Do we really need financial technology 'sandboxes'?
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At a recent financial technology conference, a member of the audience posed a question to a panel about whether the U.S. needed a more pro-innovation regulatory approach, perhaps one that included “regulatory sandboxes,” a phrase currently in vogue.

Regulatory “sandboxes” can mean different things to different people, as well as to different sectors of the financial services industry. But generally, it refers to a confined regulatory environment with a lighter touch where new products and services can be offered, typically by new market entrants.

The response by a panelist, who is a chief executive of a financial technology firm, to the question was interesting: Jurisdictions other than the U.S. have proposed “regulatory sandboxes” only out of necessity to compete against the U.S. for financial technology, or “fintech,” firms and talent. In other words, the U.S. already is in a position of strength when it comes to innovation in the financial technology space.

There are many reasons why this might be the case, but one of them is that the U.S. has a mature and tested financial-regulatory structure that, among other things, promotes capital investment and gives investors the confidence to entrust their money with someone else. There are exceptions, but generally that regulatory framework was designed to be technology neutral. As a result, it is by and large accommodating of new technologies.

That’s not to suggest that the U.S. system cannot be improved. It certainly can. But the policy goals reflected in the U.S. regulatory framework for financial markets have stood the test of time. Goals such as transparency for investors, sound and robust risk management—from both a systemic and firm-level perspective—and disincentivizing market manipulation have been refined and updated over the years, including after the passage of Dodd-Frank Wall Street Reform Act.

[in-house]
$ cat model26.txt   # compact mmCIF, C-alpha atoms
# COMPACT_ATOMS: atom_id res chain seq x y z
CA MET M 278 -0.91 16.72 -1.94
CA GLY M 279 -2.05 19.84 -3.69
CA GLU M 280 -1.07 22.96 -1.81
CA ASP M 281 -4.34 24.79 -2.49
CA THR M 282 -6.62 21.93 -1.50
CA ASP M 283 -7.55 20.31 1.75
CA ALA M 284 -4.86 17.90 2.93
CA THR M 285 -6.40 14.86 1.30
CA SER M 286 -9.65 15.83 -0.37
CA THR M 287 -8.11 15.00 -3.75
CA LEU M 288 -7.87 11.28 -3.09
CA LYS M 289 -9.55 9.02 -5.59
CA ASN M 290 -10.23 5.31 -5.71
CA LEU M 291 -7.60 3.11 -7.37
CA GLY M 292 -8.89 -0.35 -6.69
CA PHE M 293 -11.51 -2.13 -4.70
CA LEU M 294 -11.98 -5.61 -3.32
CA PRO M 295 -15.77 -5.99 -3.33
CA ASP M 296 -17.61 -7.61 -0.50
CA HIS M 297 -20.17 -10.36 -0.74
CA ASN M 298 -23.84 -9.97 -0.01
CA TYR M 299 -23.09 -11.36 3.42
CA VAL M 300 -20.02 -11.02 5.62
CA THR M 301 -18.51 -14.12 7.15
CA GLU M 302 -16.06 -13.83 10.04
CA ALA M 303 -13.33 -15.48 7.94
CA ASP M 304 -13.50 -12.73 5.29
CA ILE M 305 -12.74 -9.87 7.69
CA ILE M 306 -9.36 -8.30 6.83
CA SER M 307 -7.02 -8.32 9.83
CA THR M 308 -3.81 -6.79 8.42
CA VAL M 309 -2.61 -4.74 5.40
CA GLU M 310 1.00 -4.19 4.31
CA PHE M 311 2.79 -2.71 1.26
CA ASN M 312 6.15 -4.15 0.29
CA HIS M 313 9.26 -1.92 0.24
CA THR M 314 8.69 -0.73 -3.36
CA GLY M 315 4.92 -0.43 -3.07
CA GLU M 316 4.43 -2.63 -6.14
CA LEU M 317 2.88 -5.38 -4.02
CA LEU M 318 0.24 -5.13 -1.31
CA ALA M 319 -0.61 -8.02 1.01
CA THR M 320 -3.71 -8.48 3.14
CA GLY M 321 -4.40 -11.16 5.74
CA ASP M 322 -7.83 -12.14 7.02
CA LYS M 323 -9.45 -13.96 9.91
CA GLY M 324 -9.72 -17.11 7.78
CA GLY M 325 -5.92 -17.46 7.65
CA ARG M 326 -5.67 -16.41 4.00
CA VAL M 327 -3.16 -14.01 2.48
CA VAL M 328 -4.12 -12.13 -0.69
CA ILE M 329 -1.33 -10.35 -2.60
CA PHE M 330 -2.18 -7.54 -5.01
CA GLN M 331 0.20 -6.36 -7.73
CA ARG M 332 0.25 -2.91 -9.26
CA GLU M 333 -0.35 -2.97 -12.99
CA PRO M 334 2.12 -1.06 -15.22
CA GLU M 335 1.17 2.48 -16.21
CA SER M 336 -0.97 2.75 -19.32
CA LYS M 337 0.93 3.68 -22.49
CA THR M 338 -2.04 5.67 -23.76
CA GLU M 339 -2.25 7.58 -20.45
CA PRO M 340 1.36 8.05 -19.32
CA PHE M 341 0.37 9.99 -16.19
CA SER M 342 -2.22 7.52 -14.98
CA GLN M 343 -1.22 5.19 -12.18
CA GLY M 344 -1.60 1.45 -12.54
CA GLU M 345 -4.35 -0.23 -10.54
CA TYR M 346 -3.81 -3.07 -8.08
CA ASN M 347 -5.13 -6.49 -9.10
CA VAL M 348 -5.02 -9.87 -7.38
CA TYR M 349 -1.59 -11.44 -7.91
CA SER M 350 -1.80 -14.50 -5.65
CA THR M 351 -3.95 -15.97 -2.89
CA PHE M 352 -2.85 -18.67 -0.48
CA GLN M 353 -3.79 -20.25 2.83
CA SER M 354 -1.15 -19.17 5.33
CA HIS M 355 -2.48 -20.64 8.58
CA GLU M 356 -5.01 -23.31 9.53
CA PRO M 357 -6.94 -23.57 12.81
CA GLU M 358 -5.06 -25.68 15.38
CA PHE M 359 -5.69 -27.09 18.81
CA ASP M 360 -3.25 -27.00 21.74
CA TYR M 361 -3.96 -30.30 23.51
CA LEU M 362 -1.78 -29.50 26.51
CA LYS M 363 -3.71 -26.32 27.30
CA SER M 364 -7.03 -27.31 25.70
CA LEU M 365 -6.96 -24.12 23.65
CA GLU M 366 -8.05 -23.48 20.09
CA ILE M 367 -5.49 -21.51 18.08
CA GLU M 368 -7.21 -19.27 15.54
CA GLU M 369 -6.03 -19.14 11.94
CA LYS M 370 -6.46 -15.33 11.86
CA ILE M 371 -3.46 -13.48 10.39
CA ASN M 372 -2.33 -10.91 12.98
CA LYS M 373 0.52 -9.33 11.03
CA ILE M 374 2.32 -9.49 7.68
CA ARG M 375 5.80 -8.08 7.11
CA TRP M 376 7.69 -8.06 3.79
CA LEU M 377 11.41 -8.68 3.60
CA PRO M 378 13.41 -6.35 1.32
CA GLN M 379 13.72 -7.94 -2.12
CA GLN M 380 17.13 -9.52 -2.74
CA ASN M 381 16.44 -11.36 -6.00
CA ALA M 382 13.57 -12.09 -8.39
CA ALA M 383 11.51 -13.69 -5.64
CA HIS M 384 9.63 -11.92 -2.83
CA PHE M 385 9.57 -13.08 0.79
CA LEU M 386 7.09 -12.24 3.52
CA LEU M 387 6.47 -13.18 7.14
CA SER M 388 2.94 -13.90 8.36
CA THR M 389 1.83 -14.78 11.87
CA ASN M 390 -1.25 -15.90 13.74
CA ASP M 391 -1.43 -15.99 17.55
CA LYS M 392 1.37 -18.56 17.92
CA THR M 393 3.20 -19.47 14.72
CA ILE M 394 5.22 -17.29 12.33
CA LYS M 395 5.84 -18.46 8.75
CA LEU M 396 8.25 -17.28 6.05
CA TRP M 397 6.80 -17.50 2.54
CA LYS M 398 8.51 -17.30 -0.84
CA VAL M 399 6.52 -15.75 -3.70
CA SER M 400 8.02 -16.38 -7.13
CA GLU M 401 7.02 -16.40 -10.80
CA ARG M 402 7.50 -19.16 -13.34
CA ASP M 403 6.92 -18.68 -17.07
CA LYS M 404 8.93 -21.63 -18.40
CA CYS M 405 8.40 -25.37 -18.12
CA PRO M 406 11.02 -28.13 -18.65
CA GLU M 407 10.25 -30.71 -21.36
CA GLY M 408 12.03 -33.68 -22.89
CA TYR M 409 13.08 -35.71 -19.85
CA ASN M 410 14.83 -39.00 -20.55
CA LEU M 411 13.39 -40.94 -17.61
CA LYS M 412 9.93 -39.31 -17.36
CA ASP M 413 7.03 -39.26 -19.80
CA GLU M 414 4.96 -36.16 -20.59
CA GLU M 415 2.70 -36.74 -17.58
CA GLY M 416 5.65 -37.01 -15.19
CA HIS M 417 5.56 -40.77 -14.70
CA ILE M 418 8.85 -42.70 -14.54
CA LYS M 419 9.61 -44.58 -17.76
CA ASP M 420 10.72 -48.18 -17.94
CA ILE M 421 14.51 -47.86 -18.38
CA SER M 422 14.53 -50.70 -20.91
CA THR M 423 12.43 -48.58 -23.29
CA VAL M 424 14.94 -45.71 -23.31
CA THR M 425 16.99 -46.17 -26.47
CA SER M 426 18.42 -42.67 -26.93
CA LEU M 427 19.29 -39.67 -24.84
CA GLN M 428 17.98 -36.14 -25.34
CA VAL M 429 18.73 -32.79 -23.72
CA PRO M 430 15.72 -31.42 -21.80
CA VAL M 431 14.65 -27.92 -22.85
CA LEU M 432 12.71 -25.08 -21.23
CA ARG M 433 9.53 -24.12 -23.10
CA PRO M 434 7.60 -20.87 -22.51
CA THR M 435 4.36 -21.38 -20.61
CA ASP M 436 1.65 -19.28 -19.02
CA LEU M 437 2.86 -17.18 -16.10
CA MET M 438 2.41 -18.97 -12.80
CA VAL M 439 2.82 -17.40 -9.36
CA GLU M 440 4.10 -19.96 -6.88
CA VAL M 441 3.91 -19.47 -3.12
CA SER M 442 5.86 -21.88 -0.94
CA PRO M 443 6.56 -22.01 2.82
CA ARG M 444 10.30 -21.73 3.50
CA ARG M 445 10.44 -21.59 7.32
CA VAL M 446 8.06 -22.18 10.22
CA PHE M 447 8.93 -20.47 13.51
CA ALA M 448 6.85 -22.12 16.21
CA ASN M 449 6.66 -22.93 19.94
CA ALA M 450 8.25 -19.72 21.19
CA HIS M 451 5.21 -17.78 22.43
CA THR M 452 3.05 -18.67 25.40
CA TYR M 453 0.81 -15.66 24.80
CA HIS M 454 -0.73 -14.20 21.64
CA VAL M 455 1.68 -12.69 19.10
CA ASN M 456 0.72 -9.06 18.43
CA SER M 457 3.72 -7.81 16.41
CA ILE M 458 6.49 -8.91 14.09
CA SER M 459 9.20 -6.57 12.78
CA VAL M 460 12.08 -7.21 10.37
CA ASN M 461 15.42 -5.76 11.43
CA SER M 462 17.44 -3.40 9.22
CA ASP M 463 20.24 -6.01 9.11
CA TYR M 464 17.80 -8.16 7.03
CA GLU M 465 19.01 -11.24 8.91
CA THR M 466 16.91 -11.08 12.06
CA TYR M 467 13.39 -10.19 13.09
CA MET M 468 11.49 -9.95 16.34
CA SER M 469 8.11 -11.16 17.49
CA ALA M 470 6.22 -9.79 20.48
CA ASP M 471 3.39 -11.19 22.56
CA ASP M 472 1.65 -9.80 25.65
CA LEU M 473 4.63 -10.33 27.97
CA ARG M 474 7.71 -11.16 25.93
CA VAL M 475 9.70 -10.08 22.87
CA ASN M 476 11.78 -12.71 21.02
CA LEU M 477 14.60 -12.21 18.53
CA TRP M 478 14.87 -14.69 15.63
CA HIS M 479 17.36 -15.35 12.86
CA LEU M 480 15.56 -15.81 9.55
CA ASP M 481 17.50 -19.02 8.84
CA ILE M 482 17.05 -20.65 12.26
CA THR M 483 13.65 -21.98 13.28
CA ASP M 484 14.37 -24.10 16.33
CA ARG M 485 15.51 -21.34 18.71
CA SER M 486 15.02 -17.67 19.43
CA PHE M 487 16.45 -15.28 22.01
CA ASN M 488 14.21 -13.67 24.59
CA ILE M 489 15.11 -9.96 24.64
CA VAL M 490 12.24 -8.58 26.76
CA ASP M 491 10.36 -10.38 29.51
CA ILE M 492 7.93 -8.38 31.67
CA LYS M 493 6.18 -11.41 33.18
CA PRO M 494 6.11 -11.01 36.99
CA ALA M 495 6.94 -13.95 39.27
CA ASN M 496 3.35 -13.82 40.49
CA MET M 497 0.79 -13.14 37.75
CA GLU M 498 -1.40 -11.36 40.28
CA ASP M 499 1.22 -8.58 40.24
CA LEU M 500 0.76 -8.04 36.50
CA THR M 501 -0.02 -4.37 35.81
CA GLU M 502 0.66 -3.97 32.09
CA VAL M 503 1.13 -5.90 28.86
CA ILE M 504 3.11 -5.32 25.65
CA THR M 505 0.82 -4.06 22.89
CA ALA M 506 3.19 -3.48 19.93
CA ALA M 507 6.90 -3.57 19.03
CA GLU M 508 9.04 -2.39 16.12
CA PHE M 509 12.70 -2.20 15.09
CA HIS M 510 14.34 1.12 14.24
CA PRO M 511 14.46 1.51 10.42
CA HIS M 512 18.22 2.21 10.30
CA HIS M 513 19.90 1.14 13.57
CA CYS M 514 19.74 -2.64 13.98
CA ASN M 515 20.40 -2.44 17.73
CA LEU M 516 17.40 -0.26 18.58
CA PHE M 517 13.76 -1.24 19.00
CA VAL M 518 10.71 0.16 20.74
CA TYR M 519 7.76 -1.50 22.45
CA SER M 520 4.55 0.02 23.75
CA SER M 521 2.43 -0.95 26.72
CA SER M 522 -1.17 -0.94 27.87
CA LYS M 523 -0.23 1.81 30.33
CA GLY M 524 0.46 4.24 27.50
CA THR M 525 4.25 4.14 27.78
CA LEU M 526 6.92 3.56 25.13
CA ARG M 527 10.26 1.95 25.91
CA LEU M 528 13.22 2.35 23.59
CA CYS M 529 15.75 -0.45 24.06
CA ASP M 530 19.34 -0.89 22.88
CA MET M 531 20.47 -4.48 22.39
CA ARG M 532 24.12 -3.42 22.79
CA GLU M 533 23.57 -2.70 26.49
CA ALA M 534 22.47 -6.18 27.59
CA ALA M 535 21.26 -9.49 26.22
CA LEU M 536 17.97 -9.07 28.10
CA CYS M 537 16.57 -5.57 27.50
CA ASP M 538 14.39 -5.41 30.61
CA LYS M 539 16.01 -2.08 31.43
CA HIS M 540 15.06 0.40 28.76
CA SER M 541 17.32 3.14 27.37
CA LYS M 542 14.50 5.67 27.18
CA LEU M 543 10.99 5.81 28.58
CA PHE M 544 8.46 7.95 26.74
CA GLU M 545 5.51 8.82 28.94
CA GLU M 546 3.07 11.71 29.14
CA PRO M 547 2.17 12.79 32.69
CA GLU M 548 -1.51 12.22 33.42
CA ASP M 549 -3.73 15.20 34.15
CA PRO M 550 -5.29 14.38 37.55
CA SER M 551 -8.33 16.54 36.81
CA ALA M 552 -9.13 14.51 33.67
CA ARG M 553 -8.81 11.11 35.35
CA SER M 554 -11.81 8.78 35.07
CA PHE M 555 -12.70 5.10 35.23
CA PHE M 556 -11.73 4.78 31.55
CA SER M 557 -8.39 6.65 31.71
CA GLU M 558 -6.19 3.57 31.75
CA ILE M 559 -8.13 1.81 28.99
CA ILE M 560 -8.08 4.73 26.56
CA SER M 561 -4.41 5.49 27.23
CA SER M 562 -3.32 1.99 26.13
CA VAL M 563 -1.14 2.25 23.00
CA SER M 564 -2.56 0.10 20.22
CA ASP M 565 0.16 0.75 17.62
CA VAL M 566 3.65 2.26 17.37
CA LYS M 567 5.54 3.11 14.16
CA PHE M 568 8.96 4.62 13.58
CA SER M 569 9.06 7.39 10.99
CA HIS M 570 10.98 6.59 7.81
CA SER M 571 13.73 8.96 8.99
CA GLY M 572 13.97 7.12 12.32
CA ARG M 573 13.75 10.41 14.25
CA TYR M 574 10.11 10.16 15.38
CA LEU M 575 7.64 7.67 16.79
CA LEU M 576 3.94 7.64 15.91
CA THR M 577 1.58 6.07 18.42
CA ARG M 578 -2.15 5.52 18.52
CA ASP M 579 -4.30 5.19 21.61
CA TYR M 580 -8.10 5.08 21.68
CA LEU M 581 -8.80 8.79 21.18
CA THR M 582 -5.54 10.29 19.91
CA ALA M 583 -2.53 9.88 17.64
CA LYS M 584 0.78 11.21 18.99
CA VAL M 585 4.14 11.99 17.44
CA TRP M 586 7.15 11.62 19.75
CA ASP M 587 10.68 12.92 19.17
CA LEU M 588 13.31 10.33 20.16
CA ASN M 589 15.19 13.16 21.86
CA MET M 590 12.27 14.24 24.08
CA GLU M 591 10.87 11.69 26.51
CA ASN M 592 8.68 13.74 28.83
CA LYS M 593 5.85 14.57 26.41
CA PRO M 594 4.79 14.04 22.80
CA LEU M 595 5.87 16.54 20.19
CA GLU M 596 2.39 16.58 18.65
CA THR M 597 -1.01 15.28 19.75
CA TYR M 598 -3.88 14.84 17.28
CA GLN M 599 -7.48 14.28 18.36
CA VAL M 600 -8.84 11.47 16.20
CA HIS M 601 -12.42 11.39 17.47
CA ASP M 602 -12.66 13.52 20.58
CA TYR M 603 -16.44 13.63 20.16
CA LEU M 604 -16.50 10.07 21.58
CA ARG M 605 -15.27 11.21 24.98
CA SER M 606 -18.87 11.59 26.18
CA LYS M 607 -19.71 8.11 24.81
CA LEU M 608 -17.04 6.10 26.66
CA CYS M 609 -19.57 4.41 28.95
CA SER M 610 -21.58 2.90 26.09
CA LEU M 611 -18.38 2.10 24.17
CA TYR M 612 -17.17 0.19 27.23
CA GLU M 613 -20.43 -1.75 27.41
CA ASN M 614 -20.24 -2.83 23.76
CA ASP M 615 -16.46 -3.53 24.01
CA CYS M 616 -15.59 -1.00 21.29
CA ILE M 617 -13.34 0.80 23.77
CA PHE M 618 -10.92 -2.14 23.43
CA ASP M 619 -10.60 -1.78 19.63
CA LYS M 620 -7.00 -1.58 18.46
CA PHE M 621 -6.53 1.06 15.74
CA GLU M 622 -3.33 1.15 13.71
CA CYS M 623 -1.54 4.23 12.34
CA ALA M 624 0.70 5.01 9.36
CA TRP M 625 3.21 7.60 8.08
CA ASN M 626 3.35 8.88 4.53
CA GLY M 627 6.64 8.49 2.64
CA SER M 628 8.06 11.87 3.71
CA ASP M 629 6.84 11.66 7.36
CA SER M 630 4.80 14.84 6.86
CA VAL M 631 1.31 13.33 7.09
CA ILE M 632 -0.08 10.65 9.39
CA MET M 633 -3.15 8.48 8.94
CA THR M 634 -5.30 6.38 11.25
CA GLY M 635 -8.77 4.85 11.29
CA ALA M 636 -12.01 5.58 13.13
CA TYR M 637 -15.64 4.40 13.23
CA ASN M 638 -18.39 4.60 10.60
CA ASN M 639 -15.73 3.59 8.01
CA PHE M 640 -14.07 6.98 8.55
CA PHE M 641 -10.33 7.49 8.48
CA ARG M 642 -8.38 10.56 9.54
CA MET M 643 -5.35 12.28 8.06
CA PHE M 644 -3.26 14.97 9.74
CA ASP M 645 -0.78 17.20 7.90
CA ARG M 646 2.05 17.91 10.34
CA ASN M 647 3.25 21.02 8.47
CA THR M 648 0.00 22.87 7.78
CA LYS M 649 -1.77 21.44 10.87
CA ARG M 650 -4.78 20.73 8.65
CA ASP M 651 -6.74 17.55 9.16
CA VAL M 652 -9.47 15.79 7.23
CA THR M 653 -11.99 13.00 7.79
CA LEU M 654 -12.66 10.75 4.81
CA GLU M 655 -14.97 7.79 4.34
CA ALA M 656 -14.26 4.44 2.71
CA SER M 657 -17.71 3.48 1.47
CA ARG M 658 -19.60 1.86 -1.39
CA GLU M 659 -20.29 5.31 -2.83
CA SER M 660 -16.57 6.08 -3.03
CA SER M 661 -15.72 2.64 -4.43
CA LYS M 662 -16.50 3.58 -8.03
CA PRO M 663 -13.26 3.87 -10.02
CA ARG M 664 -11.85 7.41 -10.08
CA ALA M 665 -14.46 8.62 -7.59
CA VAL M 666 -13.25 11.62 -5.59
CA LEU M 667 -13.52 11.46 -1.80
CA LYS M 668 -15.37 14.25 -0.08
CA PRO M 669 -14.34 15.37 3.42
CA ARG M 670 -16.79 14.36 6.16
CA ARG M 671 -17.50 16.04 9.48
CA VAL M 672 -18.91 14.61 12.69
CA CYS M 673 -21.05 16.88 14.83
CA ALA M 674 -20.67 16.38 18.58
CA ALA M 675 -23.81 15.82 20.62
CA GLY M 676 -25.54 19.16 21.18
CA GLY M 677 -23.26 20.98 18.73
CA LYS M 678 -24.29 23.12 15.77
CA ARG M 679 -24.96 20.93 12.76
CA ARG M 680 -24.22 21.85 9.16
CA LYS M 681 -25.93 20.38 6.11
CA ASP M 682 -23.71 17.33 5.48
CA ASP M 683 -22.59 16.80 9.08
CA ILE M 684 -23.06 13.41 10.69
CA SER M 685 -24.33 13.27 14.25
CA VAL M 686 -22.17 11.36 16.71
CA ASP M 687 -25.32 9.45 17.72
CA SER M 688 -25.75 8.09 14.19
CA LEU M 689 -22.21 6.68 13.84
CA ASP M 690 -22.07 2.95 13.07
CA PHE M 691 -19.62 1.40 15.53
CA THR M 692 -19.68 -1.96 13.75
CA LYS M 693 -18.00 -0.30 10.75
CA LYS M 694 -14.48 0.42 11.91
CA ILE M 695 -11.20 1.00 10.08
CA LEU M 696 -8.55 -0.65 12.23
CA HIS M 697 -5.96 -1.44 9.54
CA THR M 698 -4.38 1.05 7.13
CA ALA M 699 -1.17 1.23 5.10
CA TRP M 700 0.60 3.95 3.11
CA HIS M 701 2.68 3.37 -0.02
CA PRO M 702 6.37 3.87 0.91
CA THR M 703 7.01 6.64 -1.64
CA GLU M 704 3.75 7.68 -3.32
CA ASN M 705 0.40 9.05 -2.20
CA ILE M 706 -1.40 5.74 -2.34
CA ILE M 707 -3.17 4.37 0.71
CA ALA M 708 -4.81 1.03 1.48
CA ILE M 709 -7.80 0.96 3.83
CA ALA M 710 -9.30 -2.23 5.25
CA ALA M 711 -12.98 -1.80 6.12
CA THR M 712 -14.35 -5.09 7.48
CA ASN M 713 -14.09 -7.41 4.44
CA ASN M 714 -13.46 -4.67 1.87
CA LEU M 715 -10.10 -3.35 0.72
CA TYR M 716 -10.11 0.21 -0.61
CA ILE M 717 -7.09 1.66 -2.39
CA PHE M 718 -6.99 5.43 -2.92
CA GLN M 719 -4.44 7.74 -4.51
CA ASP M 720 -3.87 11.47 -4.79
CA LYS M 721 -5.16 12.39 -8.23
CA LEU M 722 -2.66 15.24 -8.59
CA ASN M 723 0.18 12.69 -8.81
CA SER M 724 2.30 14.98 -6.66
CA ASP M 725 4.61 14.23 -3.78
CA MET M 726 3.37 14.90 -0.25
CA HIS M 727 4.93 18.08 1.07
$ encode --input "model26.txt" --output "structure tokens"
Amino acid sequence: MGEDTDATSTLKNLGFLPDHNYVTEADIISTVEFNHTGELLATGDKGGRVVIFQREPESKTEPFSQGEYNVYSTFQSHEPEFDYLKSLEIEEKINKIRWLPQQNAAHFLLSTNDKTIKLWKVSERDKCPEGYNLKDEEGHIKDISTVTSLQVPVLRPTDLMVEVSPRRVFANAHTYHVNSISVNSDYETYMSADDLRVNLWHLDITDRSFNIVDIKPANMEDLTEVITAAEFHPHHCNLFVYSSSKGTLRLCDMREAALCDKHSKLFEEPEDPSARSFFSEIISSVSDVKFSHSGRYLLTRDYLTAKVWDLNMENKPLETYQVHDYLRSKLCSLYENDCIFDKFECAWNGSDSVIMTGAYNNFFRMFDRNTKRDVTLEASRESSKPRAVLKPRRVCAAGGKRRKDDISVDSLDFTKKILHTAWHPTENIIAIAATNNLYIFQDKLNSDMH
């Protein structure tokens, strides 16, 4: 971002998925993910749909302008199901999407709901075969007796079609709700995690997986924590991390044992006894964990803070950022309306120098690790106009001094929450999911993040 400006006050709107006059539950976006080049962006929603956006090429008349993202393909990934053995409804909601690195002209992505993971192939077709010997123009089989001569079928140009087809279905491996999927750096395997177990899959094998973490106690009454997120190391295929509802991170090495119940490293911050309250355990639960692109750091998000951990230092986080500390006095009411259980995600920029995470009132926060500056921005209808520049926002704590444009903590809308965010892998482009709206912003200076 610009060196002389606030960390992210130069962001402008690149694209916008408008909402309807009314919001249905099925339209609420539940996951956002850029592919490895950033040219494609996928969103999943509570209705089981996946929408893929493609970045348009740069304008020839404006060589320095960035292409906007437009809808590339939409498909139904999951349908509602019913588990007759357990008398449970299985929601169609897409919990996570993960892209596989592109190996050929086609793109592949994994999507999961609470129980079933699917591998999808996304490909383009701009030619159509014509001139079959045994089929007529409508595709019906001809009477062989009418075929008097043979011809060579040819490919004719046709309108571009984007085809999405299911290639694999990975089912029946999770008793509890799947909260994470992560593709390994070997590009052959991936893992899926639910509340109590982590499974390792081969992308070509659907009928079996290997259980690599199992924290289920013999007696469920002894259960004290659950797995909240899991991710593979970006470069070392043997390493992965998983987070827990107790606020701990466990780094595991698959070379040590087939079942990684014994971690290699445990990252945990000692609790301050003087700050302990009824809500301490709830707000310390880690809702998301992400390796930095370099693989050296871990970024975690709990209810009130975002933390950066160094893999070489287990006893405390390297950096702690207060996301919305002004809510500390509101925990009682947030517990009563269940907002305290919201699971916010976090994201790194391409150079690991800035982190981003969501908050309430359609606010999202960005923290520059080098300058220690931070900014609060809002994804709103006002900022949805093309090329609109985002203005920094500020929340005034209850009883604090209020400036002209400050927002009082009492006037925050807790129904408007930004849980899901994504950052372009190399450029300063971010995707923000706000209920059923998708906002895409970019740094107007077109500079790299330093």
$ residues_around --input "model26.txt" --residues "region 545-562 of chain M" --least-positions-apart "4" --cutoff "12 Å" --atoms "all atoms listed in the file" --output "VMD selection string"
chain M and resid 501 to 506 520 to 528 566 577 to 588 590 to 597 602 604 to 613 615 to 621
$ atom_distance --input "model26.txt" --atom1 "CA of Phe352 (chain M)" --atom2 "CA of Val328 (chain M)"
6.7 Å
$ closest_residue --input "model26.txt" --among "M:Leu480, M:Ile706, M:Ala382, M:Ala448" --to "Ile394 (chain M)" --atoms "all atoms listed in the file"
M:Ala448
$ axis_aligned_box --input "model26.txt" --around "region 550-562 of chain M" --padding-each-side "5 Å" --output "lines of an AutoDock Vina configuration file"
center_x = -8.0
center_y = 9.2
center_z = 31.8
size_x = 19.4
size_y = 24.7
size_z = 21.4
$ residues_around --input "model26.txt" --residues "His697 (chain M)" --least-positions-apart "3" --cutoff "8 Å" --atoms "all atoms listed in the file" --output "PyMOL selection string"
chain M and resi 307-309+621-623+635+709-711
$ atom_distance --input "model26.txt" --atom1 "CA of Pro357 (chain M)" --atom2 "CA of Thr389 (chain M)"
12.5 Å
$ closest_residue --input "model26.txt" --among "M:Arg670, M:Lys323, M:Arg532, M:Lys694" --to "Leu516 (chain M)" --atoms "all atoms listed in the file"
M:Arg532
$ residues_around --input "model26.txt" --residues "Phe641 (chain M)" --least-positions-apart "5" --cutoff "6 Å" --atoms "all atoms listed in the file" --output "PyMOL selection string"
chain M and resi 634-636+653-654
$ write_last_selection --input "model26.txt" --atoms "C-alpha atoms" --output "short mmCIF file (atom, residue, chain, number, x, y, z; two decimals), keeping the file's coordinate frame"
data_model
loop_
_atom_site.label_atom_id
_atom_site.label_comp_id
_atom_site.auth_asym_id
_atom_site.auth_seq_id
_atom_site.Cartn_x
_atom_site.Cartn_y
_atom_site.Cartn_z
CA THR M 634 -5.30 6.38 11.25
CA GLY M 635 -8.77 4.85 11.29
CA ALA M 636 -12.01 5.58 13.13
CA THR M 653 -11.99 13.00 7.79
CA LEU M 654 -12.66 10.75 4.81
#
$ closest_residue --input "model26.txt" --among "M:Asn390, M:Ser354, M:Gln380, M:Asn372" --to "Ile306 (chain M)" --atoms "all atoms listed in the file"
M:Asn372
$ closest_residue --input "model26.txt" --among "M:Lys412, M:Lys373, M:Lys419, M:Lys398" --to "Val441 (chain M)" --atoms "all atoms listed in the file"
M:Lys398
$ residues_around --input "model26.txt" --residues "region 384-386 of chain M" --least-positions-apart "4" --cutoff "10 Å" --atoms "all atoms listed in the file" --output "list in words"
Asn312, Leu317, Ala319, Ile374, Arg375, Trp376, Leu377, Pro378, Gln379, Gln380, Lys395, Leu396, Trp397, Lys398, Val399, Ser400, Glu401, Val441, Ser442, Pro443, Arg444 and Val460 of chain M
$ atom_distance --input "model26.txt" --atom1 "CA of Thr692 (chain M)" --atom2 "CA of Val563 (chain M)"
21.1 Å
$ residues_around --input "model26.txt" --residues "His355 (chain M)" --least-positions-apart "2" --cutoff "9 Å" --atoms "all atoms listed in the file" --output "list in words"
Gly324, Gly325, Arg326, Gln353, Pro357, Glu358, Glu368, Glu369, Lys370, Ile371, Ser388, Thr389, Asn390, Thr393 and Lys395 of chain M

While Congress has considered and provided additional authority to regulators over time, overarching policy goals have rarely been changed or eliminated. On balance, this approach has brought tremendous benefits to the U.S. economy. It has positioned the U.S. well in a competitive global environment.

As it relates to financial technology in particular, U.S. regulators have been exploring and proposing improvements to the U.S. policy framework to make it more accepting of innovation and new technologies. The Securities and Exchange Commission recently hosted a financial technology forum, the Office of the Comptroller of the Currency has established an office of innovation, the Commodity Futures Trading Commission formed an interdivisional working group on financial technology, and the Federal Reserve released a thoughtful piece on the use of distributed ledger technology in the payments, clearing and settlement space.


These efforts make a lot of sense, especially when viewed with an eye toward preserving the beachfront the U.S. currently maintains. Careful regulatory review and analysis, especially when done in collaboration with market participants, will lead to helpful insights that could then lead to necessary rule refinements in support of existing policy goals.

What would not make sense is to suspend critical regulations that promote the most important policy goals for the U.S. financial market simply to encourage new innovation and technologies. That risky approach could needlessly erode the very confidence that investors and consumers have had in U.S. markets for decades.

And without such an approach, financial technology firms have proliferated. According to a report by McKinsey & Company, the level of venture capital investment in financial technology has accelerated in recent years—and none more so than in our country. As the report noted, “Fintech companies are undoubtedly having a moment.”

As an organization that develops and uses technology to enable financial markets to operate safely and efficiently, the Depository Trust & Clearing Corporation has collaborated with many of these innovative providers, including Digital Asset and Axoni, two pioneering firms in distributed ledger technology.

Regardless of whether this technology will deliver the greatest business benefit and commercial advantage, the technology can be leveraged responsibly within the existing regulatory framework, meeting important policy goals all the while.

To be sure, the U.S. may own the beachfront for financial technology providers for now, but that’s not a reason to avoid efforts to review and revise regulations appropriately. In so doing, policymakers should continue the proven approach taken thus far: Preserve the underlying policy objectives that have served the U.S. market so well, and only entertain regulatory changes that advance those objectives.

Mark Wetjen is a managing director and head of global public policy at the Depository Trust & Clearing Corporation. He was a member of the U.S. Commodity Futures Trading Commission under President Obama.

The views of Contributors are their own and are not the views of The Hill.